DevOps Security Watch: Three Trends To Track In 2018
Source – informationsecuritybuzz.com
In the face of incessant competition, countless organisations are turning to DevOps to improve efficiency and accelerate innovation. While this approach delivers proven benefits, DevOps is also creating new security risks and reviving old ones. That’s because these very organisations are failing to adequately train or develop staff to implement best practice in security, leaving them vulnerable to both internal and external threats. At a time when managing their security portfolio effectively is crucial, many are unwittingly introducing vulnerabilities in pursuit of rapid innovation.
Drawing on the teachings of 2017, here are three DevOps security trends that should be on the radar of every organisation in 2018:
One: The Uber breach was just the beginning
The Uber breach shook consumer confidence in 2017, but it shouldn’t have been so surprising. 57 million customers had their data exposed when Uber developers used a workaround to manage credentials in a software repository. This gave hackers access to their privileged accounts. Those developers aren’t alone, and this is a peek behind the curtain of a common practice amongst developers. There’s no obvious way to securely collaborate across tools.
Organisations at large fail to make security easy for DevOps practitioners, and that creates opportunity for failure. By their very nature, developers aren’t security practitioners. They are responsible for features and functionality, not figuring out how to manage credential collaboration and security for those key assets. Nonetheless, this is leaves a gap in organisation’s risk assessments. Our recent threat landscape report indicated that most organisations could not identify all the places and “workarounds” where credentials were stored, some of which are highly vulnerable. It also noted that 73 percent of organisations had no strategy to address privileged account security for DevOps at all, which is quite alarming.
There’s an obvious failure in the developer user experience, which means we’ll continue to see breaches similar to Uber’s in 2018 and beyond. Companies ask developers to manage security assets when it is beyond their core job function, and they have little experience in doing so. The future will be in automation for making security more seamless, and that means making security part of developers’ native experience.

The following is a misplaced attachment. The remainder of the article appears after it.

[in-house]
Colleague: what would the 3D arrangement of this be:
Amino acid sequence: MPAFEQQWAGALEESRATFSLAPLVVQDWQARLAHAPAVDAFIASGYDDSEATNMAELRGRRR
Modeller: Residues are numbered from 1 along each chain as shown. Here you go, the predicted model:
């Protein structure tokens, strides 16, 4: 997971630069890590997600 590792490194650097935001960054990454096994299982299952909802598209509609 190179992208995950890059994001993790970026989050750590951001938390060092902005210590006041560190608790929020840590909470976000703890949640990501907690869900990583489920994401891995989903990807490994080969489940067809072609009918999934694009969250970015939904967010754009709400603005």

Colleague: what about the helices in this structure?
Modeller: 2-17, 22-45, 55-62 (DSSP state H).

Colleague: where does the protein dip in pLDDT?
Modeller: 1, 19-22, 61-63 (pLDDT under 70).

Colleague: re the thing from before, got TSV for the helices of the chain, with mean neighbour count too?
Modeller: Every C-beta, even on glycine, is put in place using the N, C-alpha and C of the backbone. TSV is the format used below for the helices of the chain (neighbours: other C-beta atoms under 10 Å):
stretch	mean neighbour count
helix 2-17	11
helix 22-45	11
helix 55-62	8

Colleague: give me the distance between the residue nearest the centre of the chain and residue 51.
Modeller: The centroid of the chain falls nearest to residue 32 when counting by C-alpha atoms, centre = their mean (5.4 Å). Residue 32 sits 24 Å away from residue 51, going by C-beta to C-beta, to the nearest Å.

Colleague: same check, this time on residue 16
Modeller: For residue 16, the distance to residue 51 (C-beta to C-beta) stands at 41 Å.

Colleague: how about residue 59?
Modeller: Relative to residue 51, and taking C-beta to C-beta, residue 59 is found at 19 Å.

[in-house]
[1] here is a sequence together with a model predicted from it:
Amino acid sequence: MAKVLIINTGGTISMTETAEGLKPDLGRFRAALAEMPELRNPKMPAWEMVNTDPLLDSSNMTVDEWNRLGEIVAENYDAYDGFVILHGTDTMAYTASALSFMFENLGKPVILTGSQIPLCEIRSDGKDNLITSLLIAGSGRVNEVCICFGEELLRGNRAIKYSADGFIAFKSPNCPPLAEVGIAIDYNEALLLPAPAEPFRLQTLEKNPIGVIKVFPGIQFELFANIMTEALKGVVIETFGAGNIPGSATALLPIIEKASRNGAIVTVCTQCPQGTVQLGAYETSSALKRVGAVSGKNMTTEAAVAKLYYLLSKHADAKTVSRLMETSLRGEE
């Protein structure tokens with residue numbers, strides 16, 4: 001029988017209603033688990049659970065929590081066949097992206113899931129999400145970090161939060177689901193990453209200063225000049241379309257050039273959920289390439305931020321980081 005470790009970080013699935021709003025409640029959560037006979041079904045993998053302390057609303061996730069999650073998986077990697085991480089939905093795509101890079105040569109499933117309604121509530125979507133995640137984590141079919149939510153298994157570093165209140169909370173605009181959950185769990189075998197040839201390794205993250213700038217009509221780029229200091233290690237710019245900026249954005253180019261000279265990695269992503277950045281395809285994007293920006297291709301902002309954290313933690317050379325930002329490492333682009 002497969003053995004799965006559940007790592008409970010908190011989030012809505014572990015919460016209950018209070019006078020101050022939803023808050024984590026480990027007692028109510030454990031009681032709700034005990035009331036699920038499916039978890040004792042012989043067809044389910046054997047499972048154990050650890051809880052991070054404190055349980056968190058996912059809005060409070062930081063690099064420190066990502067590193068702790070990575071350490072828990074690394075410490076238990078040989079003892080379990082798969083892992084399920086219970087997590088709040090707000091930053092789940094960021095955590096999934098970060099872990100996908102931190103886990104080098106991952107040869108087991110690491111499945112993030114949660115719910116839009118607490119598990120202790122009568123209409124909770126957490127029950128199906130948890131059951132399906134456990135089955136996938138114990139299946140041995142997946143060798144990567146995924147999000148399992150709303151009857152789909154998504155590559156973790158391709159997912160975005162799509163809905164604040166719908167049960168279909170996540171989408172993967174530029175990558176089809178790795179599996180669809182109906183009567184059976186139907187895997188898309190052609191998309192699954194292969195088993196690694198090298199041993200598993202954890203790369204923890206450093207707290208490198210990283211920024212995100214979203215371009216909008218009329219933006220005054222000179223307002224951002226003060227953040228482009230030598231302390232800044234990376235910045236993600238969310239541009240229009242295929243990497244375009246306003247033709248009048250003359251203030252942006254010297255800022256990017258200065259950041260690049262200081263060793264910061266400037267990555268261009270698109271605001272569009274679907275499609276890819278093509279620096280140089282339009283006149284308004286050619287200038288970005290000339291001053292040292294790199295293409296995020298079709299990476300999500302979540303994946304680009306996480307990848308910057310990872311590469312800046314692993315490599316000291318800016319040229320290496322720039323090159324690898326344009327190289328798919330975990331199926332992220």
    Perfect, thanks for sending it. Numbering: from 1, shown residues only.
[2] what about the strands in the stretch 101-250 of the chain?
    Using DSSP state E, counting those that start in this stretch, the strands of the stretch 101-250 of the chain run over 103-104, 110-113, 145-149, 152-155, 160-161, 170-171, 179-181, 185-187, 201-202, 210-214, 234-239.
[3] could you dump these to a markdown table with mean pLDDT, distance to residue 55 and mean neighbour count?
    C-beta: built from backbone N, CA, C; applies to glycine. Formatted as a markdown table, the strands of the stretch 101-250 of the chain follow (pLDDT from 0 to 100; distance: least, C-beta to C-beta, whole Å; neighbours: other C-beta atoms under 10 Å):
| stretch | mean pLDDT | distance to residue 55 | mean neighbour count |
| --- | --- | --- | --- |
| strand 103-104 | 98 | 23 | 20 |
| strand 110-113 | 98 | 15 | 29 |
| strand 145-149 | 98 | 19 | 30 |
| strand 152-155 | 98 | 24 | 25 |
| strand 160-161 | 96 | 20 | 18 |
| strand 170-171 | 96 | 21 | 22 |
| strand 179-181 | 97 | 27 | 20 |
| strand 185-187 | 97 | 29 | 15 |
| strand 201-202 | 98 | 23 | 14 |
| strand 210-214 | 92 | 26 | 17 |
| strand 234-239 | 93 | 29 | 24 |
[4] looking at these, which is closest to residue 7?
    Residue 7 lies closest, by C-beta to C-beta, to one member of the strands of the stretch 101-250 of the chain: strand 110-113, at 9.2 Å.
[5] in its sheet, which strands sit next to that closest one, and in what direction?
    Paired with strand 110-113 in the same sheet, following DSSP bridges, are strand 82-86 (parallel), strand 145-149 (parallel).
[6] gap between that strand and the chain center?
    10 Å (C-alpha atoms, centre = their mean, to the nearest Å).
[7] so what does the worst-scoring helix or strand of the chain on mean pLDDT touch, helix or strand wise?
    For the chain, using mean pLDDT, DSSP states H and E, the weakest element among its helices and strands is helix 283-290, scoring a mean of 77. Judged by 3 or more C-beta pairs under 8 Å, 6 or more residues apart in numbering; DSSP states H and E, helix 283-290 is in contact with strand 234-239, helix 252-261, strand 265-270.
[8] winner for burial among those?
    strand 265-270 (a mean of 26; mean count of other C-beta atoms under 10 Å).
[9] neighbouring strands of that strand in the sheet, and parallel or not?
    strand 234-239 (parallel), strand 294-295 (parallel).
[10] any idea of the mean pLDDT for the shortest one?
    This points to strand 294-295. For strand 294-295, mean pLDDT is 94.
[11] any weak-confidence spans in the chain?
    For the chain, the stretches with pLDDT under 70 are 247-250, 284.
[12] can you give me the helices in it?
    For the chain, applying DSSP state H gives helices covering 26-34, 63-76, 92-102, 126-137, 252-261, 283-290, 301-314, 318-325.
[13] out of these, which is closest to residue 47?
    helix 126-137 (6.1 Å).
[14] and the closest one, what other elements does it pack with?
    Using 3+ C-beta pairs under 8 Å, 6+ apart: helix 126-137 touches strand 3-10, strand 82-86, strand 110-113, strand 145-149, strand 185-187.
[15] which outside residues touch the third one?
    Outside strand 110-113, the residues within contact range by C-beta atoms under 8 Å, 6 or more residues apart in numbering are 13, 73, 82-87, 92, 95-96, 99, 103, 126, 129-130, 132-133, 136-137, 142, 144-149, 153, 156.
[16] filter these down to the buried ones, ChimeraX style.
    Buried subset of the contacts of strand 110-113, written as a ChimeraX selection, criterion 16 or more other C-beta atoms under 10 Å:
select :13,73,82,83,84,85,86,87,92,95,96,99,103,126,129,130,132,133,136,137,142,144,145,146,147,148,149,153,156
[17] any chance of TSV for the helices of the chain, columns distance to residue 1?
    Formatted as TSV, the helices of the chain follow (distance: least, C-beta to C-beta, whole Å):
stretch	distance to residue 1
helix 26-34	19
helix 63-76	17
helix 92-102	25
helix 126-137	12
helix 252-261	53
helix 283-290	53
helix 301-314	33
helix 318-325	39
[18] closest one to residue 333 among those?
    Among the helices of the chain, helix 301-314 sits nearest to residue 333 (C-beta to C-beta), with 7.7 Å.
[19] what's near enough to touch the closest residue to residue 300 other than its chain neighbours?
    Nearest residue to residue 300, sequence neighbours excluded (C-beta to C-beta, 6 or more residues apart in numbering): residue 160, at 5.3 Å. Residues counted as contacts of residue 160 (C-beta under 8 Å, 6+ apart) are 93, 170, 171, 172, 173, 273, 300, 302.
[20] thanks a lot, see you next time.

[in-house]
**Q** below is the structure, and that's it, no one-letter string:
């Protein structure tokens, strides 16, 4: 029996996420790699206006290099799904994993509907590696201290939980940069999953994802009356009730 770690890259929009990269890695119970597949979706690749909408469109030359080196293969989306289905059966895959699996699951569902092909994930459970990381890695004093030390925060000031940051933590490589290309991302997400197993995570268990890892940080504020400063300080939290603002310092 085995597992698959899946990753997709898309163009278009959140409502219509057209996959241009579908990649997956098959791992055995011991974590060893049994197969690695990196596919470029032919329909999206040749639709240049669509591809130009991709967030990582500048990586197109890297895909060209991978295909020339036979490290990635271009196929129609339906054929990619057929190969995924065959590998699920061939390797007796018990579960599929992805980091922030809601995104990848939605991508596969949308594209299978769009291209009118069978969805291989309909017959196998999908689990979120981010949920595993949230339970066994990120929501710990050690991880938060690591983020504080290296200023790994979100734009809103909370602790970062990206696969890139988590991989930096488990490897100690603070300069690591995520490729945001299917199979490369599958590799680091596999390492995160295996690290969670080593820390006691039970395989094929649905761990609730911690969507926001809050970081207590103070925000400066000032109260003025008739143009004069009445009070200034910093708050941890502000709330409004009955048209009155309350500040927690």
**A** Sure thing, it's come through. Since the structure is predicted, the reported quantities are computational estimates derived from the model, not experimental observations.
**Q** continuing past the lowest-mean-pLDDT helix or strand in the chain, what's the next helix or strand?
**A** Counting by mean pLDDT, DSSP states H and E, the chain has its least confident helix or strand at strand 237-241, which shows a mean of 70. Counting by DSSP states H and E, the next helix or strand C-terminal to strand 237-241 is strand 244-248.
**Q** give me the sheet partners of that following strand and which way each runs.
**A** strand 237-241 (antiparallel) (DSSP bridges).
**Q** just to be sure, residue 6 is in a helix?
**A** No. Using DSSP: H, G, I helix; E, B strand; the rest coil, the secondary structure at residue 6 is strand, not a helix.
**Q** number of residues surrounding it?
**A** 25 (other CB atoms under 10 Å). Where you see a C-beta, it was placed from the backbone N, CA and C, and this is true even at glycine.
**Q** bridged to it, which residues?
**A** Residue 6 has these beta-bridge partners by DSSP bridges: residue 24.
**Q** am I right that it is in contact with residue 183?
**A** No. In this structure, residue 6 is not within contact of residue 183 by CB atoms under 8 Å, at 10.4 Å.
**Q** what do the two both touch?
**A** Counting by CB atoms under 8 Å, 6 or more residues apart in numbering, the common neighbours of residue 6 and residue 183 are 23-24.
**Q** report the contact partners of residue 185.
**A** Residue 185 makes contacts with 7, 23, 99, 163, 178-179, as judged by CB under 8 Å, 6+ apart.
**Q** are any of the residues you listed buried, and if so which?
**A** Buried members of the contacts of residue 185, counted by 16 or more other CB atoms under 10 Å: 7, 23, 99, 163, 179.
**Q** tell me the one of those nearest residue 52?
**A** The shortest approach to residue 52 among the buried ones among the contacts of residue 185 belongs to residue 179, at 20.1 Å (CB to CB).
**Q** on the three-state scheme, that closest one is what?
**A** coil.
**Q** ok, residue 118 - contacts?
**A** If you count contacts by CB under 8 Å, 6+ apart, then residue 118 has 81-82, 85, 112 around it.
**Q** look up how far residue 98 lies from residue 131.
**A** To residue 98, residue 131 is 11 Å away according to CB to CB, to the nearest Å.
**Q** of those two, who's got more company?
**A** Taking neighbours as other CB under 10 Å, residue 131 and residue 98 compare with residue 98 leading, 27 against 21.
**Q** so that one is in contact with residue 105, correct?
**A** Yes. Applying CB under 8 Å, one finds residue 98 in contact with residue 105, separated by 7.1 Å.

When looking specifically at the way the Uber breach was handled, new research suggests that the company might not be alone in its response where it attempted to hide the breach from its customers. Our report also found finds that 50 percent of organisations did not fully inform customers when their personal data was compromised in a cyber attack. Alarming, yes; surprising, maybe not so much.
Two: DevOps security is a full-time job – creating a new DevSecOps talent gap
Organisations are turning to DevOps workflows to achieve transformative velocity and innovation, but they’re not prepared or staffed to manage the security of these environments. We’ll see a critical talent gap of DevSecOps practitioners as business leaders increasingly prioritise cyber security.
Many organisations simply task the same DevOps practitioners—often with no security experience—to protect these environments, in addition to the numerous other responsibilities they have to deliver. That’s no longer sufficient, especially considering the increasing threat surface in DevOps workflows and the associated risks in managing the scripts, platforms and systems used in automated workflows.
DevSecOps practitioners are in high demand. They’ll be even harder to find in 2018 as organisations realise that they have the right tools but not necessarily the right people to manage them. Security will become a full-time job focused on DevOps workflows, and there will be few practitioners to fill that role available in the market.
Three: Least privilege in DevOps will get a facelift
Organisations are starting to understand that “identity” hasn’t been fully addressed in the full enterprise stack. There’s no common standard for machine identity, access control and management, or audit across a multiplicity of platform components. Organisations are only as safe as their weakest link. The weak link could be a VM, container or any of the dozens of platform layers that now exist across the network. As these matrixes expand, they become substantially harder to control.
There needs to be a stronger definition of machine identity in highly automated systems that carry increasingly sensitive data. Soon, we’ll start to see a meaningful application of the concepts formerly used in human access management applied to machines. By forcing the DevOps team to consider and apply “Who are you, what are you, what are you asking for?” to machines—including the DevOps environment—organisations can follow security best practices and limit what machines are doing, without compromising operations. This will enable true accountability for the security posture of DevOps environments. The process of continuous delivery of least privilege in DevSecOps can finally become a reality.
Ultimately, it’s important to understand that DevOps practitioners don’t have a full picture view of security. They primarily think about software vulnerability and patch management as the “scope of their security function.” To test this, you can ask them which security tools they use. They will likely say, “Terraform, GitHub, Ansible, etc.” They are only looking at patches and vulnerabilities, not access control and privilege associated with their access to tier zero assets. Secrets management is simply not on their radar
DevOps failed to prevent the Uber breach because the “security tool” that was ultimately compromised was the source of the breach. The rest of the toolchain has the same problem. Think about it: I phish one DevOps tools, and I own your systems.